Target (NYSE: TGT) Chief Merchandising Officer Jeff Jones addressed recent public criticism of the company's culture and, rather than defending the status quo, acknowledged that change was needed at the retailer.
Jones posted a note on LinkedIn responding to a recent post on Gawker in which a Target employee bashed the company's work environment and lack of vision.
Instead of deflecting blame, Jones said the criticism should be used to fuel improvements. While the letter on Gawker was difficult to read, he said, such honesty is "a gift" and much of what was said was true.
"The culture of Target is an enormous strength and might be our current Achilles heel," Jones wrote. "In the coming days and weeks we will embrace the critiques of Target — whether it's from outsiders or our own team — like an athletics team puts the negative press on the wall in the locker room.
"While we would have preferred to have a conversation like this with the team member directly, speaking openly and honestly, and challenging norms is exactly what we need to be doing today and every day going forward," Jones added.
The original letter was e-mailed to Gawker by a current midlevel employee at Target's Minneapolis headquarters. In it, the employee states that Target's unproductive staffing strategy rewards socializing in the office over producing results and Target has a tendency to follow what other retailers are doing instead of developing its own ideas.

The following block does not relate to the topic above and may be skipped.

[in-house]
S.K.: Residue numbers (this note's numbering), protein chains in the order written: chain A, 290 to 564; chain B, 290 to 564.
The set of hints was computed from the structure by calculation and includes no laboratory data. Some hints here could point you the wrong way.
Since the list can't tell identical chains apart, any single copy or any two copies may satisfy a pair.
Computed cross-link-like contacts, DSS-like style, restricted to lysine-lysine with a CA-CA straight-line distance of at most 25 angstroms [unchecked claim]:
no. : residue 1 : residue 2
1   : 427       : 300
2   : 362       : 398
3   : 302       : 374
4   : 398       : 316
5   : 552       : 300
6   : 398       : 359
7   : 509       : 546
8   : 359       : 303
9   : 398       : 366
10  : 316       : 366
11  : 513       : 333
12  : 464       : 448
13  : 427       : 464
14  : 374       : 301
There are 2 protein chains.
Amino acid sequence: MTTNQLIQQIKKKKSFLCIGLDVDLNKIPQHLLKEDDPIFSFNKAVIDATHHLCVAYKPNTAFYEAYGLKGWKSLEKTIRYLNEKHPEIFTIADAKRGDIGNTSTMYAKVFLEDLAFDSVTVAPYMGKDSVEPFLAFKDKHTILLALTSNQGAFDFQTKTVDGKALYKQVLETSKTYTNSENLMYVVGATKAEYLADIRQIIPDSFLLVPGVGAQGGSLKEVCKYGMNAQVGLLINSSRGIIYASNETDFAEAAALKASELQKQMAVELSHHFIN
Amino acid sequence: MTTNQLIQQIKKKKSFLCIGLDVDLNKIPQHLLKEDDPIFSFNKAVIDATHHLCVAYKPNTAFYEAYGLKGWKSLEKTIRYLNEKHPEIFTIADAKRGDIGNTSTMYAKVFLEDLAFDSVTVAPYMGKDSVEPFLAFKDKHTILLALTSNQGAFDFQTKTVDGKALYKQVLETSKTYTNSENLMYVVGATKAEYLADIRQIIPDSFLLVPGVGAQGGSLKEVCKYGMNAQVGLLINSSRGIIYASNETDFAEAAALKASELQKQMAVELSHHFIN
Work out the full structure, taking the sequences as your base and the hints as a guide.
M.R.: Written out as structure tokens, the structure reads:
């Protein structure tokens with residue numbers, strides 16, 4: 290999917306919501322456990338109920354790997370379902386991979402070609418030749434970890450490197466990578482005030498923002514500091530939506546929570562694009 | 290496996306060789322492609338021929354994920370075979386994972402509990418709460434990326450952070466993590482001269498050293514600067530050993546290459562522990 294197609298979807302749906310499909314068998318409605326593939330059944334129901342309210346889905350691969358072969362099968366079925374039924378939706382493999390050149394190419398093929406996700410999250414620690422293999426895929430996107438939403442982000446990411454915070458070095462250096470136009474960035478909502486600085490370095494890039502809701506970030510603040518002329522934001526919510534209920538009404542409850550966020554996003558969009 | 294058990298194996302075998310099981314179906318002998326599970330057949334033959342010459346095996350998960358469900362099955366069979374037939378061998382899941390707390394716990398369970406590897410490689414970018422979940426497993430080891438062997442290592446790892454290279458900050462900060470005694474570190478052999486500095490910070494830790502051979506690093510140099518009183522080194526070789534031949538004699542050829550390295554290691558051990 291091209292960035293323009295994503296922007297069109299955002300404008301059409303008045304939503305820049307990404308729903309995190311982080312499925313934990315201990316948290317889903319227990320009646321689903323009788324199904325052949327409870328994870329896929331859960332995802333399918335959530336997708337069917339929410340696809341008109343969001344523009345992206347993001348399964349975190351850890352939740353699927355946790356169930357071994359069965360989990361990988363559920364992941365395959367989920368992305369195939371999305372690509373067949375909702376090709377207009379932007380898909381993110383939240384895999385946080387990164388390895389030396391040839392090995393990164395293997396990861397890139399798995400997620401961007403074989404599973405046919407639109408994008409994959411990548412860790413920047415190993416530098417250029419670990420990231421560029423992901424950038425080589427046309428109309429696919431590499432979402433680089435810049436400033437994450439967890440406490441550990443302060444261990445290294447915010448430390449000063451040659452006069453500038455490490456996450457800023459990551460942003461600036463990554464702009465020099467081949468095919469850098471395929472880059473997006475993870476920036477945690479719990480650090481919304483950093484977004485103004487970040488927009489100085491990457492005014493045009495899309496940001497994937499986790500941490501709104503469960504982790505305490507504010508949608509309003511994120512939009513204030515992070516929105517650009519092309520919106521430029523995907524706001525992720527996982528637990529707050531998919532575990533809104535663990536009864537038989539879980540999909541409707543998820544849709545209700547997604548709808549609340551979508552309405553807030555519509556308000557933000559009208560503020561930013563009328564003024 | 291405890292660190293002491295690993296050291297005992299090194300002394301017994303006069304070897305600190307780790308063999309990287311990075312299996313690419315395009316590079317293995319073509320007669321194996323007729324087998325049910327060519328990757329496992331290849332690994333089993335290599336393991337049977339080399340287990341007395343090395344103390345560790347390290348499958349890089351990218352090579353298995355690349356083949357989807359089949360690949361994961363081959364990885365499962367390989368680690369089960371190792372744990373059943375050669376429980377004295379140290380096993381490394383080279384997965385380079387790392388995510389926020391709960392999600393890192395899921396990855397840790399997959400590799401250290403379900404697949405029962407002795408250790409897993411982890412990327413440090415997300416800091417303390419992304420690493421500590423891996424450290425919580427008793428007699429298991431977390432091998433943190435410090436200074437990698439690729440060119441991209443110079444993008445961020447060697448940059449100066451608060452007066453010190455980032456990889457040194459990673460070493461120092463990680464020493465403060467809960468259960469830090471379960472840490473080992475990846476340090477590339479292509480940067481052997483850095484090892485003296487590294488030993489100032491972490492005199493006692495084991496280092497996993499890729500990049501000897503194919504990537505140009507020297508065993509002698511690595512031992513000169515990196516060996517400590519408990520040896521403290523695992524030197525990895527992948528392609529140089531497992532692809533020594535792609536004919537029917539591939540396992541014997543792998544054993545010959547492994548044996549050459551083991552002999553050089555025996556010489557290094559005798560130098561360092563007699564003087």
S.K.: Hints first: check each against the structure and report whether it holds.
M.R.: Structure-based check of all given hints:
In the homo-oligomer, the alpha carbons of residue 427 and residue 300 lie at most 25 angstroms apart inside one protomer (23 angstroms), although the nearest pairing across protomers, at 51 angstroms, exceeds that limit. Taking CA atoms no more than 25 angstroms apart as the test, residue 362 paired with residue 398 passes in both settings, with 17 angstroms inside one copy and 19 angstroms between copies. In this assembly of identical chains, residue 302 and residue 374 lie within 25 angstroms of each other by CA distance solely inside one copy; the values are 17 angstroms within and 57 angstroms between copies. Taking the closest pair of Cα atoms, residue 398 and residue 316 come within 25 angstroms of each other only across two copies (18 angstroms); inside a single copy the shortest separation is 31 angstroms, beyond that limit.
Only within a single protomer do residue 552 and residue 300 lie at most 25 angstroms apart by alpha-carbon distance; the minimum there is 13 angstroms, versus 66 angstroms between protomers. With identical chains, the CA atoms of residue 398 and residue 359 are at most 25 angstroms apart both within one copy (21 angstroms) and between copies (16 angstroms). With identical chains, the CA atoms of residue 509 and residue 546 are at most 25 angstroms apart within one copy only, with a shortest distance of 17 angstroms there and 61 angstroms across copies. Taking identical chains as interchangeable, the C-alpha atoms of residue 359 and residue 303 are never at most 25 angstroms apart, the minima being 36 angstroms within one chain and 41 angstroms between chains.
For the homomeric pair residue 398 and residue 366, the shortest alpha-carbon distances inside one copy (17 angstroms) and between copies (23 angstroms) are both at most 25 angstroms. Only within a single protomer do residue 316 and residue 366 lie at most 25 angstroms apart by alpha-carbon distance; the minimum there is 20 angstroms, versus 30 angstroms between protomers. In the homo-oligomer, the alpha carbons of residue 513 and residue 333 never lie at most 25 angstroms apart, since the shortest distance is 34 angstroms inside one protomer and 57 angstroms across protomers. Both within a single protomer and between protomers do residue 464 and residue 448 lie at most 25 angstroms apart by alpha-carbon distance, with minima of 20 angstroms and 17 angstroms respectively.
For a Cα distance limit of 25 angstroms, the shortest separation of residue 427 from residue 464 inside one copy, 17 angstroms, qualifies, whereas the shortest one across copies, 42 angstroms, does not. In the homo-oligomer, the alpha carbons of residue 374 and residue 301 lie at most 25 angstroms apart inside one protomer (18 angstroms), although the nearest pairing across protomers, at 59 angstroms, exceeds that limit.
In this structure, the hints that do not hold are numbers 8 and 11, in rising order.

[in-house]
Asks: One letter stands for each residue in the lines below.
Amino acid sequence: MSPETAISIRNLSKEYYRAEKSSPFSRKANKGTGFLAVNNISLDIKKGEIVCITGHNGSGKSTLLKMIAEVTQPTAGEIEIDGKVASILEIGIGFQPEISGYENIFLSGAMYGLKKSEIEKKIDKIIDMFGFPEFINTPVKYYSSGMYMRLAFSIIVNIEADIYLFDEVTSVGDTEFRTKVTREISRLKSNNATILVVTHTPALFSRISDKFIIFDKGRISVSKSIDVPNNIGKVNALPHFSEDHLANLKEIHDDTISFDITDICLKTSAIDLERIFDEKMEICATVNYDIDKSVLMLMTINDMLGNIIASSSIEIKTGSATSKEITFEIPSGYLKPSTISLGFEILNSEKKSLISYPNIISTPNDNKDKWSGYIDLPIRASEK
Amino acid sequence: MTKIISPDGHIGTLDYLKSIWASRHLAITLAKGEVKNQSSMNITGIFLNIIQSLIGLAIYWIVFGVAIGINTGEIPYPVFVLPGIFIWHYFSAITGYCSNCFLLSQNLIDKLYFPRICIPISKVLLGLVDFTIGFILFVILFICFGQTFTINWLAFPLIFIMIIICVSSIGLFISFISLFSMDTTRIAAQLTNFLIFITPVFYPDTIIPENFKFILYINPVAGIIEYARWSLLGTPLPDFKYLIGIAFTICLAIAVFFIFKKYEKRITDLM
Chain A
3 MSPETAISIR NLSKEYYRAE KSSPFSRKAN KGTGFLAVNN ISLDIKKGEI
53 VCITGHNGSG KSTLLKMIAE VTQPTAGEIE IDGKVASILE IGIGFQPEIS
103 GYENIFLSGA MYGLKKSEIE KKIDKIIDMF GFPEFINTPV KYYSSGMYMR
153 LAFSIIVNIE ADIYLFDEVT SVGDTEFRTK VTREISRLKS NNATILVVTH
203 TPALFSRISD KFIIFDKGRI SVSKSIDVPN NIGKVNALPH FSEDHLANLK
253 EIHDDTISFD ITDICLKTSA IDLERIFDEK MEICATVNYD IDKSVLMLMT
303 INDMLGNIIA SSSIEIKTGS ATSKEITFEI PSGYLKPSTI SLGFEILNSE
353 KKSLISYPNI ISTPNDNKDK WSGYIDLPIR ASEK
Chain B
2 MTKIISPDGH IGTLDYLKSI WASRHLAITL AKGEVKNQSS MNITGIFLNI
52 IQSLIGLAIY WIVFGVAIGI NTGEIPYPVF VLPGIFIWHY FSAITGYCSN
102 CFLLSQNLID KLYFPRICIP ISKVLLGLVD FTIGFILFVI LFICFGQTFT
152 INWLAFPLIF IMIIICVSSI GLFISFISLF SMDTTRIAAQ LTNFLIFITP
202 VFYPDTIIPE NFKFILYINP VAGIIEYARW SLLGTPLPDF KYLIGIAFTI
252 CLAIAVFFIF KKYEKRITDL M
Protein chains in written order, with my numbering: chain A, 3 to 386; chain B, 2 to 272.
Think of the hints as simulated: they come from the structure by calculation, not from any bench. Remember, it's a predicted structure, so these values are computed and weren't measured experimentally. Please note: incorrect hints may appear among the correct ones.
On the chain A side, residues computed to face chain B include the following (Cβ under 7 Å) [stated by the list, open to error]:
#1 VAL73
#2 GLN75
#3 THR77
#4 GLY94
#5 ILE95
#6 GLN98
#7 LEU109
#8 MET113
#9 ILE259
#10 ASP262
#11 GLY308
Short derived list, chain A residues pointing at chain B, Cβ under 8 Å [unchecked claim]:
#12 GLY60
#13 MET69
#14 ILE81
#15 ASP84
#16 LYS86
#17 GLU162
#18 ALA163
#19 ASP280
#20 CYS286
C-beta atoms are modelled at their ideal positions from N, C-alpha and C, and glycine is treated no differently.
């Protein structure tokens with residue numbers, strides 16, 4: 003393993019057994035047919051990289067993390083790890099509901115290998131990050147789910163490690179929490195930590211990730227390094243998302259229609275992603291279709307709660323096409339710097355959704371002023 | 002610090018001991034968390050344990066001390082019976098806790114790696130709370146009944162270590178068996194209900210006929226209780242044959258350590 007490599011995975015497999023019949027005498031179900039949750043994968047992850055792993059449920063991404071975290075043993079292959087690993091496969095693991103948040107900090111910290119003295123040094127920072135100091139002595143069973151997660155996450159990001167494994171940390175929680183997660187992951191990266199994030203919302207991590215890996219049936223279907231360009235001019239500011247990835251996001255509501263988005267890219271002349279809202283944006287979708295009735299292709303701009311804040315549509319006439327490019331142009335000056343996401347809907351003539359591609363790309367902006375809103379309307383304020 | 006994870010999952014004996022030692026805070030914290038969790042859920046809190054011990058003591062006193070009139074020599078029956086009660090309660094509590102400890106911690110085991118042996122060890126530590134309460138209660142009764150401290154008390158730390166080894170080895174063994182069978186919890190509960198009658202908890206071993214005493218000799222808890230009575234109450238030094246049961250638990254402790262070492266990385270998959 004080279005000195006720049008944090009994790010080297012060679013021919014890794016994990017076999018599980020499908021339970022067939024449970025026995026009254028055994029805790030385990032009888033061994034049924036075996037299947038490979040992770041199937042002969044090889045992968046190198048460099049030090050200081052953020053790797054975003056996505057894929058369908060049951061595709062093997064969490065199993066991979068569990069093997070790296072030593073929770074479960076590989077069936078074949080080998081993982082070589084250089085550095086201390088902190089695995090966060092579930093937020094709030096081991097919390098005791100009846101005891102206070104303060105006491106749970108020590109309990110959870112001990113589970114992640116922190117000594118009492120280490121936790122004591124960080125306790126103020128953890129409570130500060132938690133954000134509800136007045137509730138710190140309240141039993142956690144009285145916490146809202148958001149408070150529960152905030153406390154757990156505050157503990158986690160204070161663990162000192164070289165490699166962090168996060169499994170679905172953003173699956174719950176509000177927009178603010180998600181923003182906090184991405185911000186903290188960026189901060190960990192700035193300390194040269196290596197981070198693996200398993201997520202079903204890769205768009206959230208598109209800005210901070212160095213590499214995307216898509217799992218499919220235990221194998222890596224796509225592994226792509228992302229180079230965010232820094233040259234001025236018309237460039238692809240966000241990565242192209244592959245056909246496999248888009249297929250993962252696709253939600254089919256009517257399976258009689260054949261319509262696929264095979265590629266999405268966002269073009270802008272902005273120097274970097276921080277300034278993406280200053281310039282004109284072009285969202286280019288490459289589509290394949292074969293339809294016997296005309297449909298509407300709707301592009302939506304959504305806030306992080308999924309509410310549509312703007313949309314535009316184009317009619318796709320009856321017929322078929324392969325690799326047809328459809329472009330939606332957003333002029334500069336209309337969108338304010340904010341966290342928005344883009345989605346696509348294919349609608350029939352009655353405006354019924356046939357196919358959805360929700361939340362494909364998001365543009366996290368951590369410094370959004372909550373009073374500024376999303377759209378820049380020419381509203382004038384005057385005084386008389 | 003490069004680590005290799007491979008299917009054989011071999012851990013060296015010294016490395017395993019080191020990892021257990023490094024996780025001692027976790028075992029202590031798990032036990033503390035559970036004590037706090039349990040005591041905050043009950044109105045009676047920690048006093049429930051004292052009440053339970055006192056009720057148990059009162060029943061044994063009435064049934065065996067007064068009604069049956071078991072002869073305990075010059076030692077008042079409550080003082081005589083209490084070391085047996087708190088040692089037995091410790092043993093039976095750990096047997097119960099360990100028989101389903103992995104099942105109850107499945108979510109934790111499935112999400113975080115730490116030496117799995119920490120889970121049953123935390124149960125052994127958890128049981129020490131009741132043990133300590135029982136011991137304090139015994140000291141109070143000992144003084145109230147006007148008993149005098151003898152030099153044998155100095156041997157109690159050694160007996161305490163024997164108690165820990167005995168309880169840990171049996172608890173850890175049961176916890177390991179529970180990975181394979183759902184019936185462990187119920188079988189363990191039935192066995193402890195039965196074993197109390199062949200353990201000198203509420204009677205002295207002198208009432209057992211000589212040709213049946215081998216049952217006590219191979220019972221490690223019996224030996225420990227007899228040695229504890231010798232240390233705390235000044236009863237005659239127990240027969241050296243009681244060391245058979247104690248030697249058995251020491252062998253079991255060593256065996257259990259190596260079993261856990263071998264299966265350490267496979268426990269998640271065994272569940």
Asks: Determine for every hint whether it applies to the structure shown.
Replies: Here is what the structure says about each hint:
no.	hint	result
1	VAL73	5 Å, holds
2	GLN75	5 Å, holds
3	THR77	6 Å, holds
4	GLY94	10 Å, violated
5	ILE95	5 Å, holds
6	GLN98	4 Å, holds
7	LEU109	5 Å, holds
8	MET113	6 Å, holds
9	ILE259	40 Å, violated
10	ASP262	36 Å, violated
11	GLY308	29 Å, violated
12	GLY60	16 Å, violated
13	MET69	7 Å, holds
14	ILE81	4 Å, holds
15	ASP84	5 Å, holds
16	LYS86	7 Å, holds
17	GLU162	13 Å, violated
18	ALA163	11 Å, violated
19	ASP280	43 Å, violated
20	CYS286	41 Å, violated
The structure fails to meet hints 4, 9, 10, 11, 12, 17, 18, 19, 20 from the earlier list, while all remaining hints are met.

"If Target doesn't make a serious change in their leadership and culture, it will end up being a Kmart, a Sears, or even worse a Circuit City," the employee writes. "The Twin Cities would be devastated — around 15,000 people work for Target HQ at one of their numerous sites in the Twin Cities."
The employee also said Target needed to find new corporate leadership, but did note that Jones should stay at the company.
The letter was sent two days after CEO Gregg Steinhafel resigned just five months after cybercriminals stole payment card and personal information of up to 70 million customers in one of the largest retail data breaches in history. His exit followed the departure of CIO Beth Jacob on March 5. Bob DeRodes stepped into the role of CIO on May 5.
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